The Royal Sussex County Hospital staff near Briggs’ home in southern England was commended by his family for “their compassionate and attentive care of Raymond in his final weeks” after learning of his passing on Tuesday.
The family issued a statement through publisher Penguin Random House on Wednesday. “We know that Raymond’s novels were adored by and impacted millions of people around the world, who will be devastated to hear this news,” the statement said.
Briggs, who was born in London in 1934, first pursued a profession in art before beginning a long career as an illustrator of children’s books. He received a Kate Greenaway Medal, considered the Oscars of children’s publishing in 1966 for illustrating a book of nursery rhymes, “The Mother Goose Treasury.”
He tweaked a fairy-tale story with “Jim and the Beanstalk,” published in 1970, and won a second Greenaway award for “Father Christmas.” Published in 1973, it featured a grumpy but genial Santa Claus and like many of Briggs’ books was adapted for television.
“Fungus the Bogeyman,” which charted a day in the life of a scary subterranean monster, disgusted and delighted children in equal measure after its publication in 1977.
The next year came “The Snowman,” a bittersweet story in which a boy’s wintry creation magically comes to life. The wordless book has sold more than 5.5 million copies around the world, and a 1982 animated adaptation has been shown on British TV every Christmas since.
Far more somber was 1982’s “When the Wind Blows,” a story about the aftermath of a nuclear attack on Britain imbued with melancholy and anger. It was adapted as an animated film in 1986, with music by David Bowie and others.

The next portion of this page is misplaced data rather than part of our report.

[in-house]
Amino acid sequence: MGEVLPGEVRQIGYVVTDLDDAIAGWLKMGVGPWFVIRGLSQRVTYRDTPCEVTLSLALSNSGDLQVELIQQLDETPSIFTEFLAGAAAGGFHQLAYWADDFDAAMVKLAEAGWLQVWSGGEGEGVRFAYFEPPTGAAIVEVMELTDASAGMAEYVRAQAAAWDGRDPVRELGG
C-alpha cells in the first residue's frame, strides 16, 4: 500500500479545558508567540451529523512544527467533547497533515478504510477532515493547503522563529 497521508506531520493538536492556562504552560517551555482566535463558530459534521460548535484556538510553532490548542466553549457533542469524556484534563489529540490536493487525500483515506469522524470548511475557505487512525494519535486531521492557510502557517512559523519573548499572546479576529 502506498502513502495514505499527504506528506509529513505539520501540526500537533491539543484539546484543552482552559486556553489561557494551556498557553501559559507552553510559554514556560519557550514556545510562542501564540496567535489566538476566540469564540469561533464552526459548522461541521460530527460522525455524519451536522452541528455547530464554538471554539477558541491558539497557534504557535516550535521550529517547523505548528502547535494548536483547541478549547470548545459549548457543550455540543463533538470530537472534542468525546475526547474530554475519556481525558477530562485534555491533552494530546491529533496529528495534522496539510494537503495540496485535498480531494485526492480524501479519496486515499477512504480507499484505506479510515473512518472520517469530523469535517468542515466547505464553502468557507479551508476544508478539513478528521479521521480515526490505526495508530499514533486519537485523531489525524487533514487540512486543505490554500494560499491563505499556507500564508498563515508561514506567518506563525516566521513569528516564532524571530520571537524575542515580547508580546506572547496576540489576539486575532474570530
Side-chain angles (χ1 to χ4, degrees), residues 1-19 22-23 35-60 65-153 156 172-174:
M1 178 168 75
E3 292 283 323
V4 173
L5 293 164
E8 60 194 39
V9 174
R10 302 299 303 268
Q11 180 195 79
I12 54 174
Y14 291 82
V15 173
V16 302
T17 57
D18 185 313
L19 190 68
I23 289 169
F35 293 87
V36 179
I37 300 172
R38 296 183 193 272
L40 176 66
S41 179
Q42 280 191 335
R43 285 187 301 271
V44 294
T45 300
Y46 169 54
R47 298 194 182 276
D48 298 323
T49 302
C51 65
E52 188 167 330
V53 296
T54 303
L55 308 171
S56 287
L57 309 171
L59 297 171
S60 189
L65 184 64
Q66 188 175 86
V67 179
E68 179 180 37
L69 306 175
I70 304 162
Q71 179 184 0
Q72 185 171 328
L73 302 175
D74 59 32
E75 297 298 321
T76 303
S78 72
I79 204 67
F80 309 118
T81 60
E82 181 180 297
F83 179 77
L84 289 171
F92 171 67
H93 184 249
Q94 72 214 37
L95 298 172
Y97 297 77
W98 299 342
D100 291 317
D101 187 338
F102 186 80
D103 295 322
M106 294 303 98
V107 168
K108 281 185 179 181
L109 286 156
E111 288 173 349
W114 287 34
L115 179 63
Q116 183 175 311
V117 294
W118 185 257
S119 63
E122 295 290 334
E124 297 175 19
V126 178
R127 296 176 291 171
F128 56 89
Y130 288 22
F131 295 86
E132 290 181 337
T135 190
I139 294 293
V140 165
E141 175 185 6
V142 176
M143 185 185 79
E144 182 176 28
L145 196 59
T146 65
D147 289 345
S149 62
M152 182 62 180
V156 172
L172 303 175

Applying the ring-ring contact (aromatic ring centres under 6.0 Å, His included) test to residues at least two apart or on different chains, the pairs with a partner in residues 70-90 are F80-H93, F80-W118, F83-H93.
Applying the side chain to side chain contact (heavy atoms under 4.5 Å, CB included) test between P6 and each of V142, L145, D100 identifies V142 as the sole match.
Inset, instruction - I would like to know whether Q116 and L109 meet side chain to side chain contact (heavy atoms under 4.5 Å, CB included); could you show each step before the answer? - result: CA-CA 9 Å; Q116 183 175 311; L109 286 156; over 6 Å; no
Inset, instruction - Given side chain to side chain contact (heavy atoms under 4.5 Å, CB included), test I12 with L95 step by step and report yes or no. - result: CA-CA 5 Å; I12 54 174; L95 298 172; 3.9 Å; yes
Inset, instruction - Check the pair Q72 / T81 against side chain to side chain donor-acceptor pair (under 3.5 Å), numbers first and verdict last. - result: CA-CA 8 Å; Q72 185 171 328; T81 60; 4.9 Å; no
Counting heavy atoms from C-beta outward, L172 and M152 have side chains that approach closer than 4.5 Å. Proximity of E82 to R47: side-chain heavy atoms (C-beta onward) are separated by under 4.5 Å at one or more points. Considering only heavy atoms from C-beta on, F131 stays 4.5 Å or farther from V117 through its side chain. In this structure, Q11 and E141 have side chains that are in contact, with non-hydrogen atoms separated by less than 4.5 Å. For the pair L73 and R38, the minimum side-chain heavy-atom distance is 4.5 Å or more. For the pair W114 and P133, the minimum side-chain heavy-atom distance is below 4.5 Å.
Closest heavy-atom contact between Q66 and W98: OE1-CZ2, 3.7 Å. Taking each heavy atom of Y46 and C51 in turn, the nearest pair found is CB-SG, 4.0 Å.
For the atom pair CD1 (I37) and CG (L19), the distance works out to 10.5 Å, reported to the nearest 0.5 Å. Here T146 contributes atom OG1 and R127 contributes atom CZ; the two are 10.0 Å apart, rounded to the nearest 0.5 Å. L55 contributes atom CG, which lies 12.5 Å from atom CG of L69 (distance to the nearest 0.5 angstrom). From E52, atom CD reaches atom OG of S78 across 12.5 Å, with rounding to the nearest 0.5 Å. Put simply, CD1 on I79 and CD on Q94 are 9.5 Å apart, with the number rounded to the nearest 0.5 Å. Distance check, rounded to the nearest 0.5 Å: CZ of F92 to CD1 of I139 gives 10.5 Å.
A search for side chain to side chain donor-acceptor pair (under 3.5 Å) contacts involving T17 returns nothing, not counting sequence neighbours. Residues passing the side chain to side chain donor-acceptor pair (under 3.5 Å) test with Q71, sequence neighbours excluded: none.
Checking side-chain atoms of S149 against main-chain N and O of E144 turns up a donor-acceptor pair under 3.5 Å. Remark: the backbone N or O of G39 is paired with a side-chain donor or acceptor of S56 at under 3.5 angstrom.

Briggs’ anti-nuclear stance made him unpopular with members of British Prime Minister Margaret Thatcher’s Conservative government. So did “The Tin-Pot Foreign General and the Old Iron Woman,” a picture-book satire on the Falklands War.
Later works include “Ethel & Ernest,” a poignant graphic novel based on the lives of Briggs’ parents, published in 1998.
Briggs’ books were poignant but never saccharine, shot through with the tart humor that rippled beneath his curmudgeonly public persona. Despite creating several seasonal classics, he always claimed to hate Christmas, and once said of children: “I try to avoid them whenever possible.”
“Raymond liked to act the professional curmudgeon, but we will remember him for his stories of love and of loss,” said Briggs’ literary agent, Hilary Delamere. “I know from the many letters he received how his books and animations touched people’s hearts.”
Francesca Dow, managing director of Penguin Random House Children’s, said Briggs was “unique” and “inspired generations of creators of picture books, graphic novels and animations.”
“Raymond’s books are picture masterpieces that address some of the fundamental questions of what it is to be human, speaking to both adults and children with a remarkable economy of words and illustrations,” she said.
Briggs family said he “lived a rich and full life” and felt lucky to have had both his late wife and his late partner of over 40 years in it.
Briggs wife, Jean, died in 1973 and his partner, Liz, died in 2015. He is survived by a stepson and stepdaughter and their families.